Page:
There is a website dedicated to “Pictures of People Scanning QR codes.” The joke, of course, is the page is blank.
The scanning of QR codes – those strange black and white barcode-style graphics you sometimes see on printed ads and packaging – has not taken off in any meaningful way in the UK.
QR codes have always felt like a solution in search of a problem. Something that made sense in a marketing brainstorm, but added little value in the real world.
The idea of downloading a dedicated app and awkwardly scanning a code with your phone to access online content has always seemed like a whole load of faff for little reward, when you can just Google what you want instead.
The cause was not helped by the appearance of QR codes in ridiculous places – I once passed one on a London Underground escalator; I saw another high up on a billboard.
But QR codes are used in a multitude of creative ways in China, including as a means to check the provenance of food and drink; as a method to identify lost pets; as an alternative to swapping business cards; and as a way to make payments through hugely popular apps like Alipay and WeChat.
It is fascinating to see how cultures utilise technologies in different ways.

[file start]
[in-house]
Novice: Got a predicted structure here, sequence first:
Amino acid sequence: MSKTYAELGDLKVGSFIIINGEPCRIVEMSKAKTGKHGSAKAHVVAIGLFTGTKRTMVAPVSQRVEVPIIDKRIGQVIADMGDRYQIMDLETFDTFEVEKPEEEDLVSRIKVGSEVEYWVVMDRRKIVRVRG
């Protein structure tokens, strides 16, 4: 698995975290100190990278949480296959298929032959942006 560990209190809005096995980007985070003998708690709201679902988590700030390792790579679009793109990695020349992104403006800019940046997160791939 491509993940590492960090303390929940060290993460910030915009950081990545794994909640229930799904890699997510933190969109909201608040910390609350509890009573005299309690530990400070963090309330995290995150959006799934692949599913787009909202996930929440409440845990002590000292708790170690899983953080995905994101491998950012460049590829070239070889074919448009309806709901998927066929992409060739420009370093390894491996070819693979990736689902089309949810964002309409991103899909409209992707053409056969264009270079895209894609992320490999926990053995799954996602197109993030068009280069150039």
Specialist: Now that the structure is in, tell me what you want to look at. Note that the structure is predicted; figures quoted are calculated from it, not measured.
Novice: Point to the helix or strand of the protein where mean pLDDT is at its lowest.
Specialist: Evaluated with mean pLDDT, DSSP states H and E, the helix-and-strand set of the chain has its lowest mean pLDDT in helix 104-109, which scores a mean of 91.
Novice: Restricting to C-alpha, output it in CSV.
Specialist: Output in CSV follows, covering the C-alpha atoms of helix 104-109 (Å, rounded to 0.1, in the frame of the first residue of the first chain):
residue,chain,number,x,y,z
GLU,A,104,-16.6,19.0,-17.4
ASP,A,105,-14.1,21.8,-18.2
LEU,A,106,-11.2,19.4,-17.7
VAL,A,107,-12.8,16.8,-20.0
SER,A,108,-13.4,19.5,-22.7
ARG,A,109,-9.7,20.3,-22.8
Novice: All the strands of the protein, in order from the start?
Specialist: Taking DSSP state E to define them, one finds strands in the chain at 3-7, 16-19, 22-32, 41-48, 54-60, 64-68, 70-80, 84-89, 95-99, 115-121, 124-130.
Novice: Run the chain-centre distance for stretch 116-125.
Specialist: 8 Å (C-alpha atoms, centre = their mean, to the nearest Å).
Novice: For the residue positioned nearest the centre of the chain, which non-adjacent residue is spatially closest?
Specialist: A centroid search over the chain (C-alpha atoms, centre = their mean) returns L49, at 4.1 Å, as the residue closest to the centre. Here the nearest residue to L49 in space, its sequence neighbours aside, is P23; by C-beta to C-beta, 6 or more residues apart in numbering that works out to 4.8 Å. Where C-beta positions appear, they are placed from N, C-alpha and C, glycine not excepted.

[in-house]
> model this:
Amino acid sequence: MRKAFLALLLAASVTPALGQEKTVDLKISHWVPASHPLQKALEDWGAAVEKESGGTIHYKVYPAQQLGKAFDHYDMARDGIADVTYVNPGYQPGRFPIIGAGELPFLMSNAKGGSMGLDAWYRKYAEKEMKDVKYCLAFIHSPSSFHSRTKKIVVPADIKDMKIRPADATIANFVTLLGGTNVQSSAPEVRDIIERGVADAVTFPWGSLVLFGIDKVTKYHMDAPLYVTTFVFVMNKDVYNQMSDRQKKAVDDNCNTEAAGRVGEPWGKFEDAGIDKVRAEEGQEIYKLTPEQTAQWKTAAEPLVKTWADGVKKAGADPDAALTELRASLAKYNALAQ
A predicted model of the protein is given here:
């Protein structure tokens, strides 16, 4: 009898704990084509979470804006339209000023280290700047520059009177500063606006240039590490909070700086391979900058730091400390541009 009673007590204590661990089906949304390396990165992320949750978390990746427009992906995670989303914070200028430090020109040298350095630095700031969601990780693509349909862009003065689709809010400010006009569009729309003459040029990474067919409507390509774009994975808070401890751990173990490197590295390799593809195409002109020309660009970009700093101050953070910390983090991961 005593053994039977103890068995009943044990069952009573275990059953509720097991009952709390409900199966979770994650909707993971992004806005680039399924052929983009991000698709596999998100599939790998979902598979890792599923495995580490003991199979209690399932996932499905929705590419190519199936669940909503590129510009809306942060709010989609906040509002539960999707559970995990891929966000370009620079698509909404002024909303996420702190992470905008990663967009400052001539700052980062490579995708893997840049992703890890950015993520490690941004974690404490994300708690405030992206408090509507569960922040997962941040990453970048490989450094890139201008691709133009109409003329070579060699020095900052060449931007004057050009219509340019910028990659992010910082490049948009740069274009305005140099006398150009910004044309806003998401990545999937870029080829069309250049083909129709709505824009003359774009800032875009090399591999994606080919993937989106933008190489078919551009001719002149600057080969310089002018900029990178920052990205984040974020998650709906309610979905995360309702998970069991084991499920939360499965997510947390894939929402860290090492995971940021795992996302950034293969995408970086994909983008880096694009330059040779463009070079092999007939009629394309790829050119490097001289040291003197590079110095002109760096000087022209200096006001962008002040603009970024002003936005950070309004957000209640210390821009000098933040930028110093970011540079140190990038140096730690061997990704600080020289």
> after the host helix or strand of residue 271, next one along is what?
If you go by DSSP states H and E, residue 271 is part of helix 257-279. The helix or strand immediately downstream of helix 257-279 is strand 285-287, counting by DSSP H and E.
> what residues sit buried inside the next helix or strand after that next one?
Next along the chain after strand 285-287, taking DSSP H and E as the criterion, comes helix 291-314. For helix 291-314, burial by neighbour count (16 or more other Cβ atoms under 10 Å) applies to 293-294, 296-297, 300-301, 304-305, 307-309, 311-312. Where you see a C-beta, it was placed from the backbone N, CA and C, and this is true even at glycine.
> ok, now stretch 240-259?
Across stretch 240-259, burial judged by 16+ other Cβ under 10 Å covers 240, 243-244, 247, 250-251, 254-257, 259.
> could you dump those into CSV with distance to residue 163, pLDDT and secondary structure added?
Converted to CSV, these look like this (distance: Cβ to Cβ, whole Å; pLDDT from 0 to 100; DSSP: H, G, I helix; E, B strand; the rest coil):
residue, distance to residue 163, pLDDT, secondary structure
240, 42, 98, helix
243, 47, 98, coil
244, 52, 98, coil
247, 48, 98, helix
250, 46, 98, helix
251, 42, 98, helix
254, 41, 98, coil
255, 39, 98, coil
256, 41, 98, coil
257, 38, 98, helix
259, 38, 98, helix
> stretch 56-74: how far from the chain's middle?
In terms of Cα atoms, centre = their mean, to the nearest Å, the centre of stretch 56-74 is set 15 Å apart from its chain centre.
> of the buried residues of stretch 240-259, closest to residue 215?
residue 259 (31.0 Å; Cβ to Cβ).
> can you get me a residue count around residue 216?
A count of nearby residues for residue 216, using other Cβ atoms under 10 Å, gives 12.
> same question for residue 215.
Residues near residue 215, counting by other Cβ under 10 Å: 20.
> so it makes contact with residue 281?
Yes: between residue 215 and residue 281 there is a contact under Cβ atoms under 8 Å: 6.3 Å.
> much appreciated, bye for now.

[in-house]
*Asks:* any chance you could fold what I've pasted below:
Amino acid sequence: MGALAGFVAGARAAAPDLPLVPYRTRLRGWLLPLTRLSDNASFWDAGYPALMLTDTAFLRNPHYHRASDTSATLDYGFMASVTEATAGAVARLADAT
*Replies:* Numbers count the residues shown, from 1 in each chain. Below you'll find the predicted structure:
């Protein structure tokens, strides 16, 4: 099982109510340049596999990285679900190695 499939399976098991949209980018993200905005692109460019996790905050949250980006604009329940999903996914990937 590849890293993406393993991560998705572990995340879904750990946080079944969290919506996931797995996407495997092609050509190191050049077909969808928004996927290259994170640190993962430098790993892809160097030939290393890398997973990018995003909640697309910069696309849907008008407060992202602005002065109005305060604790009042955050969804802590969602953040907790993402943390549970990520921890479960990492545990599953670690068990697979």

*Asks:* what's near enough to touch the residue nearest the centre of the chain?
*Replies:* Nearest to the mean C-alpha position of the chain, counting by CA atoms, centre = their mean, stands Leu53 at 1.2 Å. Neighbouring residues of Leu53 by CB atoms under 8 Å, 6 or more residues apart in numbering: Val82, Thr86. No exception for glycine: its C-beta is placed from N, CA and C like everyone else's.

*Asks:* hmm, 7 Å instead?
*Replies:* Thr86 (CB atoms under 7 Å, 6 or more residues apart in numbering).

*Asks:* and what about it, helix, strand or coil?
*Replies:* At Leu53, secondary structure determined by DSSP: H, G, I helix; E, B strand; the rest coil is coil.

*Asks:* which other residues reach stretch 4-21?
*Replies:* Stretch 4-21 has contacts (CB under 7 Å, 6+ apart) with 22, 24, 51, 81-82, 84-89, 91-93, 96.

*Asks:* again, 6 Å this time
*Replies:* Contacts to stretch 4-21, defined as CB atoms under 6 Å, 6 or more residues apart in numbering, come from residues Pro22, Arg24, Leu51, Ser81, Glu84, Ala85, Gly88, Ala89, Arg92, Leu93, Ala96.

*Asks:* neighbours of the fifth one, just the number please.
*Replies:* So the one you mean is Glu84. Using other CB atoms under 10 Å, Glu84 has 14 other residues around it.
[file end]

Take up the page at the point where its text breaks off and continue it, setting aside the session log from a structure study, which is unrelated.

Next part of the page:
In Buenos Aires it is common to see people talking into their phones in what look like one-sided conversations – until you realise they are recording and sending voice memos. It is considered, in some scenarios, to be more personal, and less open to misinterpretation, than a simple text message.
But perhaps the best example of something that took root in one culture to the initial bafflement of everyone else, before spreading far and wide, is emoji – the colourful cartoon style icon set used to communicate, well, almost anything.
Emoji began life on Japanese mobile phones in the late 1990s. A few years later a standardised set had been agreed upon and it became possible to write messages packed with emoji almost anywhere.
Maybe one day, then, “Pictures of People Scanning QR codes” will finally feature a smiley face.